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Underwater Photography and Video

View Finders and External Monitors

Stock view finders on camcorders typically don’t cut the mustard underwater. They are designed to have the eye placed right up against them to be useful. Underwater, the camera is in a housing, and the operator is wearing a diving mask, so the eye ends up too far away to effectively use the camera’s view finder.

Housing manufacturers have come up with several solutions to work around this problem. One is to fit the housing itself with a view finder magnifier. This simply magnifies the camera’s stock view finder making it easier to see underwater and through a diving mask. This is a relatively inexpensive solution. However, you generally need to put your mask right against the housing to see the image.

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Getting Started in Underwater Photography

Photo: Brian Dombrowski
Photo: Brian Dombrowski

It’s fair to claim people share one common motivation for becoming certified scuba divers: The underwater world is full of amazing things to see. Living tropical coral reefs, shipwrecks laden with historical artifacts, and caverns with ancient geological formations offer unique and exciting visual experiences to those choosing to explore them as divers.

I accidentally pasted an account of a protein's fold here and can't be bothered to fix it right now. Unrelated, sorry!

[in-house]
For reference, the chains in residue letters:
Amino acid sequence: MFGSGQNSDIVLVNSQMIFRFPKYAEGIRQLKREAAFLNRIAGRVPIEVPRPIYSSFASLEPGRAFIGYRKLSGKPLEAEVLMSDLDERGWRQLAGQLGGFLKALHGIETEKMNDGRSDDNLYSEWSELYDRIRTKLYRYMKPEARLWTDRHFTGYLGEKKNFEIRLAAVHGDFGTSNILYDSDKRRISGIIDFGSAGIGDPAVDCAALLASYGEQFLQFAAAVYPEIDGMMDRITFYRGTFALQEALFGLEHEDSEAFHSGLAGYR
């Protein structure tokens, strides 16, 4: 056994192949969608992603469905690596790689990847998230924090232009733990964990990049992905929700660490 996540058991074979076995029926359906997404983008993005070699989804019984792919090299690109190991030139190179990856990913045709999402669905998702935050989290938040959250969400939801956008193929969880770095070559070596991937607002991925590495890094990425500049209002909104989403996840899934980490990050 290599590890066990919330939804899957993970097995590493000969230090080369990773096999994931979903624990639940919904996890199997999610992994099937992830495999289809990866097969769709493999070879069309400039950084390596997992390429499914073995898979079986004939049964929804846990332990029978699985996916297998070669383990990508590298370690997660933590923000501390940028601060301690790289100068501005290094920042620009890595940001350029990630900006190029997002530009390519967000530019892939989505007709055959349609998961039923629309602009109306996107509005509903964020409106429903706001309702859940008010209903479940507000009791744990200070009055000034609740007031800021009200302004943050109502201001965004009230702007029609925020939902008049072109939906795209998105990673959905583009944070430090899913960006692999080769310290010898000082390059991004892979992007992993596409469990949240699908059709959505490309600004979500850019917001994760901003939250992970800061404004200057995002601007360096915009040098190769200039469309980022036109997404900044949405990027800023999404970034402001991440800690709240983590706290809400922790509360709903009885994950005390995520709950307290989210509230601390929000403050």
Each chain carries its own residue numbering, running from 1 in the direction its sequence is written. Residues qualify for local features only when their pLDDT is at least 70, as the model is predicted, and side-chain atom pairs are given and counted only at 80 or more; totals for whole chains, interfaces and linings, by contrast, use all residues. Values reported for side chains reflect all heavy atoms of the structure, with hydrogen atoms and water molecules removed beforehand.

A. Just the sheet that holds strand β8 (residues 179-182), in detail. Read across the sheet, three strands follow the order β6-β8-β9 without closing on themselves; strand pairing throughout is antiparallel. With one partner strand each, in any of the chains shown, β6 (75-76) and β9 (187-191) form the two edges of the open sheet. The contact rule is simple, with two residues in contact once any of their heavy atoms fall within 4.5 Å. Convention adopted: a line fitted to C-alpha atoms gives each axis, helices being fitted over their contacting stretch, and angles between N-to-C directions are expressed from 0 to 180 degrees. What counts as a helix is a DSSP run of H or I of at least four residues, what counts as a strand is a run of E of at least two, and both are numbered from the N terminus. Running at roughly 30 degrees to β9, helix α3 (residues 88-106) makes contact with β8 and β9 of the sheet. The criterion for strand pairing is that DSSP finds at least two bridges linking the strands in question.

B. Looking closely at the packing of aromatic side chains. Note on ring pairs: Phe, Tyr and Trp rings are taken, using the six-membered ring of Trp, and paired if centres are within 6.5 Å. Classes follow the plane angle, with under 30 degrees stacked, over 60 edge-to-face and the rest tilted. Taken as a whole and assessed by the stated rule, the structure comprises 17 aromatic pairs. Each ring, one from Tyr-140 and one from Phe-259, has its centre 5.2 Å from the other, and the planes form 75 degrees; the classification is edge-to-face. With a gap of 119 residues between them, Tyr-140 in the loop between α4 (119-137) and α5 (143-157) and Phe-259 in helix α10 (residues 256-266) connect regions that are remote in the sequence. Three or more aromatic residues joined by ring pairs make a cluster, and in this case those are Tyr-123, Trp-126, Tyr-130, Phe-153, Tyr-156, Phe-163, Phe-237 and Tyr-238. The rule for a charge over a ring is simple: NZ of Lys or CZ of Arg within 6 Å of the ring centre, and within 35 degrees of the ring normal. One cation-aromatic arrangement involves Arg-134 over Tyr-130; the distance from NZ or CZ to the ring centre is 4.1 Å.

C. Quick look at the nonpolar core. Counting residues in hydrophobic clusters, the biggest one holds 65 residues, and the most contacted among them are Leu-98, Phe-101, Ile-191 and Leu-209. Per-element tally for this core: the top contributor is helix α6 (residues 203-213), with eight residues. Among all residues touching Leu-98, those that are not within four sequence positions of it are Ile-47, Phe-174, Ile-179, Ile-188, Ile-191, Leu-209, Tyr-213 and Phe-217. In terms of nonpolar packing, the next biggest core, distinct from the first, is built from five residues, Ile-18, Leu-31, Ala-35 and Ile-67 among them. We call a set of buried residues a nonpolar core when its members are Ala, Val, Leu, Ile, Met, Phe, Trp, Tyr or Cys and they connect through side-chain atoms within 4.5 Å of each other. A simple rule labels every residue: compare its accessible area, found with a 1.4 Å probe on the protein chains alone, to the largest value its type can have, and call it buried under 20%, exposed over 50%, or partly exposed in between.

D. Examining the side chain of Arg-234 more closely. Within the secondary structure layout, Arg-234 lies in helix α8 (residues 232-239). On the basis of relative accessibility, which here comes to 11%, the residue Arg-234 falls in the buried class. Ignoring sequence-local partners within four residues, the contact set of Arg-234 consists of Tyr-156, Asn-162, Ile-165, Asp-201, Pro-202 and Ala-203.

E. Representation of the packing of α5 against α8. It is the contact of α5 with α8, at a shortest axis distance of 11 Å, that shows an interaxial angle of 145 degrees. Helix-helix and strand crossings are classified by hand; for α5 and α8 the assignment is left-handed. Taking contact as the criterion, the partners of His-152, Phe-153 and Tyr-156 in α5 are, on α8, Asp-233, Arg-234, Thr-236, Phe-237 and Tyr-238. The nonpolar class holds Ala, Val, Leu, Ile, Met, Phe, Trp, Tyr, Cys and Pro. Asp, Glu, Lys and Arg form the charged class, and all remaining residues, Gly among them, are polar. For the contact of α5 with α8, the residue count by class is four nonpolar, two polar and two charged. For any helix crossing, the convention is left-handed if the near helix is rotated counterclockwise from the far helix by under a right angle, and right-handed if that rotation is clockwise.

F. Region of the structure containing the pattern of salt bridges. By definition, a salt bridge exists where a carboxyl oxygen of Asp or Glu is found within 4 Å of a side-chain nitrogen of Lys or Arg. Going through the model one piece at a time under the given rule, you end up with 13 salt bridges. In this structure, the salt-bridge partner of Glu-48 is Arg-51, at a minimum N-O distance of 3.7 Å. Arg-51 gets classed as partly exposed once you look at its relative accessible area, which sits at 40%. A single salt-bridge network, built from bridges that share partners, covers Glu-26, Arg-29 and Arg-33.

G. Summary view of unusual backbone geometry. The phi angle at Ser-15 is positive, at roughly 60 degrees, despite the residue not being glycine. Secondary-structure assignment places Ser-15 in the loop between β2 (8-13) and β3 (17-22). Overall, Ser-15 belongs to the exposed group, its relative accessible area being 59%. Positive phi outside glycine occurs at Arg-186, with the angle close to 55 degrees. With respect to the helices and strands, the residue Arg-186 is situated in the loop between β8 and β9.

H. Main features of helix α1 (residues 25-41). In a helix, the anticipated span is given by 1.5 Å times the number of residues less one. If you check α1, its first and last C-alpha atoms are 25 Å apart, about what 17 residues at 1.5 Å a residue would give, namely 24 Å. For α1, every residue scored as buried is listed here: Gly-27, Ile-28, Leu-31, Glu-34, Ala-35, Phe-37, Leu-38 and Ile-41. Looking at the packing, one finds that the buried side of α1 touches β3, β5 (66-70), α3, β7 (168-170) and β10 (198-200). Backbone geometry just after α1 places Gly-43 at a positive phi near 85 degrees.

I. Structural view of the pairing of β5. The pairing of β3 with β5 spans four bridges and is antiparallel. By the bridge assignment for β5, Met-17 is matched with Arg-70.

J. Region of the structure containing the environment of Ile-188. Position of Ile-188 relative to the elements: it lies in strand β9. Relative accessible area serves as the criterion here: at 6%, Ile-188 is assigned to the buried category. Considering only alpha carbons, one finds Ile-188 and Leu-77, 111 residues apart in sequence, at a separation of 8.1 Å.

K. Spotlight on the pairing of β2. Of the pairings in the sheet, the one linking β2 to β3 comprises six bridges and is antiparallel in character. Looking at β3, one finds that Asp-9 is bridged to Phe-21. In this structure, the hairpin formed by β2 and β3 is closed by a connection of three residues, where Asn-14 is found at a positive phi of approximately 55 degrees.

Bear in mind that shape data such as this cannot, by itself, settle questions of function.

With so much to see underwater, it only seems natural for divers to consider some form of underwater photography sometime during their diving career. Photos and video are great ways to preserve, relive, and share a diving experience with others, whether they be divers or not.

A decision to begin underwater photography must go beyond just an interest in taking pictures underwater. Here are some things to consider.

Diving Skills

Foremost, one needs to first evaluate their skills as a diver. Being a safe and sufficiently confident diver is mandatory. Superior buoyancy control is a must. Performing underwater photography requires a diver to multitask. That is, be able to safely dive and control buoyancy while simultaneously composing and taking pictures. Being a safe diver is your first responsibility. Learn how to master your buoyancy control first. If you’re ready to multitask as a photographer underwater, your buoyancy should be not only controlled but nearly second nature.

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Basic Shooting Techniques

Our Basic Shooting Techniques section helps to bring together facts from all the other sections to improve your underwater photo shooting knowledge. This section also touches on subjects that impact your ability to have an opportunity to shoot, as well as shooting technique itself.